Split Over Sanctuary Cities Could Shut Down Government


By April 28, Congress must agree to a budget deal to continue operating the federal government.  While this would ordinarily not be a monumental task, some new challenges face Congress in 2017: Their Easter recess eats up time until one week before the budget deadline, and partisan tensions are at an all-time high. U.S. Senator John McCain (R-AZ) has already threatened that he will refuse any budget proposal that does not increase defense spending, and multiple Democrats have also indicated that they are willing to shut down the government as well.

Initially, the brouhaha was over the funding of discretionary spending. This spending, which is separate from entitlement spending on Social Security and Medicare, consists of military and civilian agency funding. To avoid deepening the federal deficit, any increase in one sector of discretionary spending would require equal cuts in the other sector. President Donald Trump has insisted that the U.S. will boost defense spending by roughly 10 percent, necessitating equally sharp cuts among all civilian agencies not involved in homeland security.

Democrats have decried Trump’s budget proposal as outlandish and detrimental to poor and working-class citizens. Even Republicans have largely been less than thrilled. Despite the GOP’s traditional love of defense spending, virtually every U.S. Representative and Senator has at least one non-security civilian agency that is important to his or her district.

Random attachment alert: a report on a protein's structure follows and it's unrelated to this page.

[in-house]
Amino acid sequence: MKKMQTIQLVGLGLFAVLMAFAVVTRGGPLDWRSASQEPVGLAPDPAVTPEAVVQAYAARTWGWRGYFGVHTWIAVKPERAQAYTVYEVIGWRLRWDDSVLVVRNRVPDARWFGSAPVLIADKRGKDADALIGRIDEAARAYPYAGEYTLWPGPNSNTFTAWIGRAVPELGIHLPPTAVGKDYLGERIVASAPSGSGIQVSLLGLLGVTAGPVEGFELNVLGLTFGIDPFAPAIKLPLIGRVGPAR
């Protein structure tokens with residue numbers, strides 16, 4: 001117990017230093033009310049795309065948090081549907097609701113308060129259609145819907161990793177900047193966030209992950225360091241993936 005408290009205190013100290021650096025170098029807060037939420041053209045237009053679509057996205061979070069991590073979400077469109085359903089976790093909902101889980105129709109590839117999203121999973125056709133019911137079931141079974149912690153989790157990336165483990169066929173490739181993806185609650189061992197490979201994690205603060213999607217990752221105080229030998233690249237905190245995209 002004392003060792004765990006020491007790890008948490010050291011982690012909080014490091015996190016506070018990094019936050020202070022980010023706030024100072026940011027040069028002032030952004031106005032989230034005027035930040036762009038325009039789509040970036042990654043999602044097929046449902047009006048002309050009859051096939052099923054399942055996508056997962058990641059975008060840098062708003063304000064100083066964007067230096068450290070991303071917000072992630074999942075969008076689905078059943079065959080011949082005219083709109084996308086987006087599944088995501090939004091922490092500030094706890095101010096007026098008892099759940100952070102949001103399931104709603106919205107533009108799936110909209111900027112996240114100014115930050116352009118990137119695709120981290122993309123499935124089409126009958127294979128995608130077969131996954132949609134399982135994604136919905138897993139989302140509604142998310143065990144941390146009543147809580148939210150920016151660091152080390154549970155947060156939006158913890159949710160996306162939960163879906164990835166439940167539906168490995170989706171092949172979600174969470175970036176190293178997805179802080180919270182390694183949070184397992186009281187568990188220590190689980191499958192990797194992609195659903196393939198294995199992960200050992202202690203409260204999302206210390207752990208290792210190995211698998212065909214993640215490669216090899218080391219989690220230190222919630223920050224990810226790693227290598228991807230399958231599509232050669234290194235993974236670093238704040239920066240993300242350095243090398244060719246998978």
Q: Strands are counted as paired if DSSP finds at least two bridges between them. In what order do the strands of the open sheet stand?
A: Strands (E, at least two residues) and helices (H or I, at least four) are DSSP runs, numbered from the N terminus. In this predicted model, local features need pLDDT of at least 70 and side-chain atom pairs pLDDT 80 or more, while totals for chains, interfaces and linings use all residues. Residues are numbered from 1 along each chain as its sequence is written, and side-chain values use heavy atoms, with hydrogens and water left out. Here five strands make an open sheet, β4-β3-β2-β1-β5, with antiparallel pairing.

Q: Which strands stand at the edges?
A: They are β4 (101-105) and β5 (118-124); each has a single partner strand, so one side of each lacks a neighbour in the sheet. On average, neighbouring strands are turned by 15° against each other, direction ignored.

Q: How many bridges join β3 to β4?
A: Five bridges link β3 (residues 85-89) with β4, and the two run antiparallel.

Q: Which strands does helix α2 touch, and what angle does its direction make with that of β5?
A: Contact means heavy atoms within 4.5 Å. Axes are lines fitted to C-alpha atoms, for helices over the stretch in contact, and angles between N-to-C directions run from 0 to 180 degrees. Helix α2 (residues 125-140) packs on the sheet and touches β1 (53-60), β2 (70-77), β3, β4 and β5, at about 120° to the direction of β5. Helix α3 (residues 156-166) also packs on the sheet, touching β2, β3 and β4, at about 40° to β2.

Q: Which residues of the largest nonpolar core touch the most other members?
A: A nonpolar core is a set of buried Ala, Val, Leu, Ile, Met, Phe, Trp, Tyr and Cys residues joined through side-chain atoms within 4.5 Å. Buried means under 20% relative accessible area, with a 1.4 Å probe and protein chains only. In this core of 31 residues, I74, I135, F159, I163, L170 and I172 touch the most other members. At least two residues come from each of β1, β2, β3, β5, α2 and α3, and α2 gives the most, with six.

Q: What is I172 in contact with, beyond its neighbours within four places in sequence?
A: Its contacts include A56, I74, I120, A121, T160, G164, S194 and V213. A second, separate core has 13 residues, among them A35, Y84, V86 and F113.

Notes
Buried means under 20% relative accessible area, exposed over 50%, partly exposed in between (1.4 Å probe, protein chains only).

But now a new issue arises even thornier than cutting civilian spending, which Democrats have labeled a no-go: Cutting federal funding for “sanctuary cities” that defy federal law. Mick Mulvaney, Trump’s budget director, wants any budget resolution to include language that “restrict federal funding grants for cities that do not enforce federal immigration policies.”  Currently, several liberal cities do not cooperate with federal authorities when it comes to reporting the arrests or detainments of undocumented immigrants.

The situation has created strange bedfellows: Liberals, ordinarily no friends of the “states’ rights” and “local control” camps, are suddenly very much opposed to the interference of Washington when it comes to immigration. Conservatives, usually fiscal spendthrifts and law-and-order aficionados, may find it tough to justify paying for Donald Trump’s proposed border wall and allowing police inroads with immigrant communities to erode. 

Currently, police departments in sanctuary cities are defending their non-cooperation with immigration authorities as necessary to reduce crime. Allegedly, despite the notoriety of high-profile crimes committed by illegal immigrants who were released from police custody rather than being turned over to Immigration and Customs Enforcement (ICE), sanctuary cities help law enforcement by making immigrants feel comfortable reporting crimes and assisting police.  Liberals argue that cracking down on sanctuary cities will increase crime by emboldening criminals, regardless of their citizenship status, who prey on undocumented immigrants.

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